You’ve been working hard to hit your targets and show that you can handle additional responsibilities. It seems like a raise is within reach. But in the world of work, ambitious colleagues, new clients, and office politics can take attention away from you – and your raise-worthy achievements.
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Before penciling in that meeting with your manager, give yourself the best chance for success by employing a few persuasive techniques from Robert Cialdini, the godfather of influence. His reciprocity principle, for example, suggests that we feel obliged to return the favor when someone helps us out. Help ease your boss’s workload when she looks stressed and you’ll not only demonstrate your value but also earn a favor to call in when you’re up for a raise.
You can use these techniques during the pay raise meeting, too. Persuasion research reveals that we like people who are similar to us, and simply mirroring someone’s body language makes them feel more comfortable and open to our suggestions. Come prepared with compelling stats that reinforce your value to the company, and use forward-thinking language to get your manager thinking about your role in the company’s future.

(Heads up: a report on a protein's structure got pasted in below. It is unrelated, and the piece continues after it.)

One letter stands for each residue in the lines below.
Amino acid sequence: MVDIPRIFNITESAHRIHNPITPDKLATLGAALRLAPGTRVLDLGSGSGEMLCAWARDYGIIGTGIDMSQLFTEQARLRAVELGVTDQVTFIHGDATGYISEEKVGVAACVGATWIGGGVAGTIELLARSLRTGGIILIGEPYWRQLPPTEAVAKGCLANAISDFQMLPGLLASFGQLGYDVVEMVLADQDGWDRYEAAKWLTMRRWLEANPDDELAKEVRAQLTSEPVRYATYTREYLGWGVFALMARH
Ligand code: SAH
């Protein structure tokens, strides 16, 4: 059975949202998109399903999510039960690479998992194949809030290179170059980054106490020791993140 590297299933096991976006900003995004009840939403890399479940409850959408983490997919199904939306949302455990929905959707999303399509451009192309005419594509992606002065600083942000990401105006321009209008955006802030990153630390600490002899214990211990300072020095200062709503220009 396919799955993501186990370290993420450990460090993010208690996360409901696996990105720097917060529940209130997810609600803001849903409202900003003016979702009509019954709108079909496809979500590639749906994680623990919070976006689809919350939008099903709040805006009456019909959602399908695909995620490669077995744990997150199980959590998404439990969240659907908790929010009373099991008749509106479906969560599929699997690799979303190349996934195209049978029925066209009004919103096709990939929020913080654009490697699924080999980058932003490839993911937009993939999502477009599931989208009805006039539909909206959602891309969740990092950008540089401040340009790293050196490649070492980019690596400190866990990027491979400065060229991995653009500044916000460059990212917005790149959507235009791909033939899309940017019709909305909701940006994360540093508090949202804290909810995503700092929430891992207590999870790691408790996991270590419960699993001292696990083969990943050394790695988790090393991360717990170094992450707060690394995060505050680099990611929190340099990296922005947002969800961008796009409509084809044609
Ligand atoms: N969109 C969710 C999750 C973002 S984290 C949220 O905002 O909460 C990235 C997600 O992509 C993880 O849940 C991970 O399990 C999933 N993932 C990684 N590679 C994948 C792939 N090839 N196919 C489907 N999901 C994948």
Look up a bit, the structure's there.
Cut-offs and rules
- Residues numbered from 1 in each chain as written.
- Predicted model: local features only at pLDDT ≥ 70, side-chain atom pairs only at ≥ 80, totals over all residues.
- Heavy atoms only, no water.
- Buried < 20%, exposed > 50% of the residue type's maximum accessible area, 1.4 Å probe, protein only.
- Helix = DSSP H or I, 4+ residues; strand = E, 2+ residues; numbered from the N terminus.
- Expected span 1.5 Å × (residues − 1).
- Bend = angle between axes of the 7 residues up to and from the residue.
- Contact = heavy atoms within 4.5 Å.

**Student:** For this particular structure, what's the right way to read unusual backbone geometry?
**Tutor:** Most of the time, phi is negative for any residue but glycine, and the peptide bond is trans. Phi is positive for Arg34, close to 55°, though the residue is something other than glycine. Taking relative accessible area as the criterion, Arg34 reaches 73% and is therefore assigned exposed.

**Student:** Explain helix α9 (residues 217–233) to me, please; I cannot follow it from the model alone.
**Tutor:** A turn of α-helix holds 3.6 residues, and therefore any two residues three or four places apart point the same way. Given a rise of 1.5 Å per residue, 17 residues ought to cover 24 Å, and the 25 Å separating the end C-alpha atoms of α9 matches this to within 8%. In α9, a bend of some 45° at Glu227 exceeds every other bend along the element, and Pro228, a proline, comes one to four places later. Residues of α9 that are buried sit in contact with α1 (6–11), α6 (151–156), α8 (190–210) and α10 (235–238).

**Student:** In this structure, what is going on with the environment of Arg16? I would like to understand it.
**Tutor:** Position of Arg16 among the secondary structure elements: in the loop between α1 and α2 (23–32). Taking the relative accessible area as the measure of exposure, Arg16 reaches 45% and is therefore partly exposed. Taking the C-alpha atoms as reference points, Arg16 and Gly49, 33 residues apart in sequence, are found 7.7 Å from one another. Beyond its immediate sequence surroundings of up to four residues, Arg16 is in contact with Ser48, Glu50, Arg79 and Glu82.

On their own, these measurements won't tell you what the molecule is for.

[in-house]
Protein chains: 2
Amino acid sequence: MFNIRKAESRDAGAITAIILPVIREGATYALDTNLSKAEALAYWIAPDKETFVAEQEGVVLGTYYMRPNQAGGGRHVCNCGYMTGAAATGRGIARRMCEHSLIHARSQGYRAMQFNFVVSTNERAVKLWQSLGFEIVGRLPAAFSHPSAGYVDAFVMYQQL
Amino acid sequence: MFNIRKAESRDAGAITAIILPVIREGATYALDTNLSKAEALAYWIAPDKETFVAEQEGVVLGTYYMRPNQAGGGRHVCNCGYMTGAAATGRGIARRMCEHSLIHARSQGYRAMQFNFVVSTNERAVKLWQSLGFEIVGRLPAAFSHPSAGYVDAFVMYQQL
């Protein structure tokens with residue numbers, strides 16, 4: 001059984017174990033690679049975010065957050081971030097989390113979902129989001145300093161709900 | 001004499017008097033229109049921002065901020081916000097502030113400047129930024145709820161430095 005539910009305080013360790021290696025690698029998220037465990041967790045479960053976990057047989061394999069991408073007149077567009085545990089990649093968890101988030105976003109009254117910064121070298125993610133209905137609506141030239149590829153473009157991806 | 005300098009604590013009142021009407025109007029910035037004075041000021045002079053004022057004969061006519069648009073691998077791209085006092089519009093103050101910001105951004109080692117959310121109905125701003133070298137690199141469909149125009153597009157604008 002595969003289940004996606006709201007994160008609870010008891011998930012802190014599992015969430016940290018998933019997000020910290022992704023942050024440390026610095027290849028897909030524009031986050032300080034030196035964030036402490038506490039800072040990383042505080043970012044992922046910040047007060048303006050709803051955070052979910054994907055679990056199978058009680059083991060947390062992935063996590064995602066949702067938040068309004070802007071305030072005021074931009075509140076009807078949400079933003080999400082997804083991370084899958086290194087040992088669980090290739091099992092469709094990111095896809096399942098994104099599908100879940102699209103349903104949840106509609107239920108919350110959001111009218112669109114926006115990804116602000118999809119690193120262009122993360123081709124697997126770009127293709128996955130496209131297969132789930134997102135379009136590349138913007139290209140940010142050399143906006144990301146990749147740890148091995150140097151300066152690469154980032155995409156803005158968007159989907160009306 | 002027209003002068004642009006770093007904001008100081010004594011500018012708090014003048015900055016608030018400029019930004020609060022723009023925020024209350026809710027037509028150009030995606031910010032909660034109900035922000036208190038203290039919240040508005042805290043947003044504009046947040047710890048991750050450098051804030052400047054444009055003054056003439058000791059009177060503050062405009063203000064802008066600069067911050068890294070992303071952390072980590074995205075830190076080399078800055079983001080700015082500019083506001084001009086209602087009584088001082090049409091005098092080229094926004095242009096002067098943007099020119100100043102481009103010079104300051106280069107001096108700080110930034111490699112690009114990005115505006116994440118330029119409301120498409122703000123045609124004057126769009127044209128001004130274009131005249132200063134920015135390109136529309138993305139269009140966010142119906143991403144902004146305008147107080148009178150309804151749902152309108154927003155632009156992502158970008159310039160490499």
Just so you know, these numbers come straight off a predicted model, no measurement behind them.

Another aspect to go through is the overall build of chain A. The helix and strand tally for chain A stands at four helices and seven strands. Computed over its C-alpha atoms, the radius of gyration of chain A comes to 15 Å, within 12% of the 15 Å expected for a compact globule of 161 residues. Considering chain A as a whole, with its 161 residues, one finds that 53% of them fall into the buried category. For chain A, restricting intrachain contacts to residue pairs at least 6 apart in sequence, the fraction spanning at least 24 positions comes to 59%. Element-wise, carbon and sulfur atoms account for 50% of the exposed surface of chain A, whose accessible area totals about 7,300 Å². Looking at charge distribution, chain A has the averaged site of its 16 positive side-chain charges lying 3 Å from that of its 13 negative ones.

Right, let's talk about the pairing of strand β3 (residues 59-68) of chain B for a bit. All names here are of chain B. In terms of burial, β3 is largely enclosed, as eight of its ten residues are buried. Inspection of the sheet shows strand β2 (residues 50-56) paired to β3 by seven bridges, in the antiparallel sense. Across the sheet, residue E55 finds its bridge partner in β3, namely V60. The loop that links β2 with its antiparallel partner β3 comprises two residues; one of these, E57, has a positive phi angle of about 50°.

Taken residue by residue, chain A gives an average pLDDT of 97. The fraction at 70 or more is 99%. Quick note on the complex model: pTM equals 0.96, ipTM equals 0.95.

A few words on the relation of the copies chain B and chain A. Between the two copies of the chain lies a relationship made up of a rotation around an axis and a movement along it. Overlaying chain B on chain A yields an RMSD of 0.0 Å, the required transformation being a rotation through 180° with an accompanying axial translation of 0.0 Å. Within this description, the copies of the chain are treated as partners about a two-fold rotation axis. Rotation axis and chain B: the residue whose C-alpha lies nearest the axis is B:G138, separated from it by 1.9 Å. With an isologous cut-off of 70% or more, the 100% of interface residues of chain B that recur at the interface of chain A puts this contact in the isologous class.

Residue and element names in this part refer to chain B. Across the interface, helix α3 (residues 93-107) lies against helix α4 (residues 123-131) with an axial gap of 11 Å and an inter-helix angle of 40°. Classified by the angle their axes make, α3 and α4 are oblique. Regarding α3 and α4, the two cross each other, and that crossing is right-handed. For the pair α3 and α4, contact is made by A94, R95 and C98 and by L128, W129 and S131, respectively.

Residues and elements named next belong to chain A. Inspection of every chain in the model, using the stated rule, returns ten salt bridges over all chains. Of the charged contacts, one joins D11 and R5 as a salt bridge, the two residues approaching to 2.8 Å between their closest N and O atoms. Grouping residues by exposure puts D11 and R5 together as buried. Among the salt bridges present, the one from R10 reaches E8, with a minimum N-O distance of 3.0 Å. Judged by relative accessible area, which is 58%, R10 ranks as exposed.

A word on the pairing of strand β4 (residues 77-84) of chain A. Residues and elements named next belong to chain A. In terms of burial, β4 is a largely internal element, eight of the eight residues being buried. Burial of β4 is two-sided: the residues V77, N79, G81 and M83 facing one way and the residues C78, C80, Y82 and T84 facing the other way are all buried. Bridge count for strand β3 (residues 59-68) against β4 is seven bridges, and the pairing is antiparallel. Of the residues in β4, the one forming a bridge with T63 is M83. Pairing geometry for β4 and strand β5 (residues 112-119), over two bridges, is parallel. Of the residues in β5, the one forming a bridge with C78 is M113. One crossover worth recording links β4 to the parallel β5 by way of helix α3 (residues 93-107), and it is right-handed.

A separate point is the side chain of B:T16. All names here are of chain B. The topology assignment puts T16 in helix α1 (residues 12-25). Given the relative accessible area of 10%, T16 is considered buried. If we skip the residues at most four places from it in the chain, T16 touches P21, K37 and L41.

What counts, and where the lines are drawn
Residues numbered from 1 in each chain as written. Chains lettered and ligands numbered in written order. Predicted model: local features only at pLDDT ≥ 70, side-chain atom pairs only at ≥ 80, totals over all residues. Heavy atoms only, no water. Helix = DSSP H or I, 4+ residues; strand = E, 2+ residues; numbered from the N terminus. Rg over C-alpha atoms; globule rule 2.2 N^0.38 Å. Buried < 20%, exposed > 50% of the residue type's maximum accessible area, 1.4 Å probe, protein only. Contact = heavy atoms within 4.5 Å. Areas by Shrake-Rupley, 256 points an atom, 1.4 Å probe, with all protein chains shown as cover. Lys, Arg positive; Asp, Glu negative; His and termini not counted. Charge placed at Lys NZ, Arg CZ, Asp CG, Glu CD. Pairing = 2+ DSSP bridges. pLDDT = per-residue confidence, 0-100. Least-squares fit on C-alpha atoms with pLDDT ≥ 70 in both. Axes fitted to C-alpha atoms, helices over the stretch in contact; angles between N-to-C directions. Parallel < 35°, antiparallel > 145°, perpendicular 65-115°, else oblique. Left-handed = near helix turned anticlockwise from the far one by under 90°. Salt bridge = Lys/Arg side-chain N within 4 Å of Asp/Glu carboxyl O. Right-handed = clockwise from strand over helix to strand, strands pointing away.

These techniques aren’t foolproof, of course, and sometimes circumstances beyond your control get in the way. If you don’t get a “yes” on the first try, keep working at it. Connect with your colleagues on LinkedIn and take an interest in learning more about your manager. Next time that “let me think about it” will be a definitive “yes.”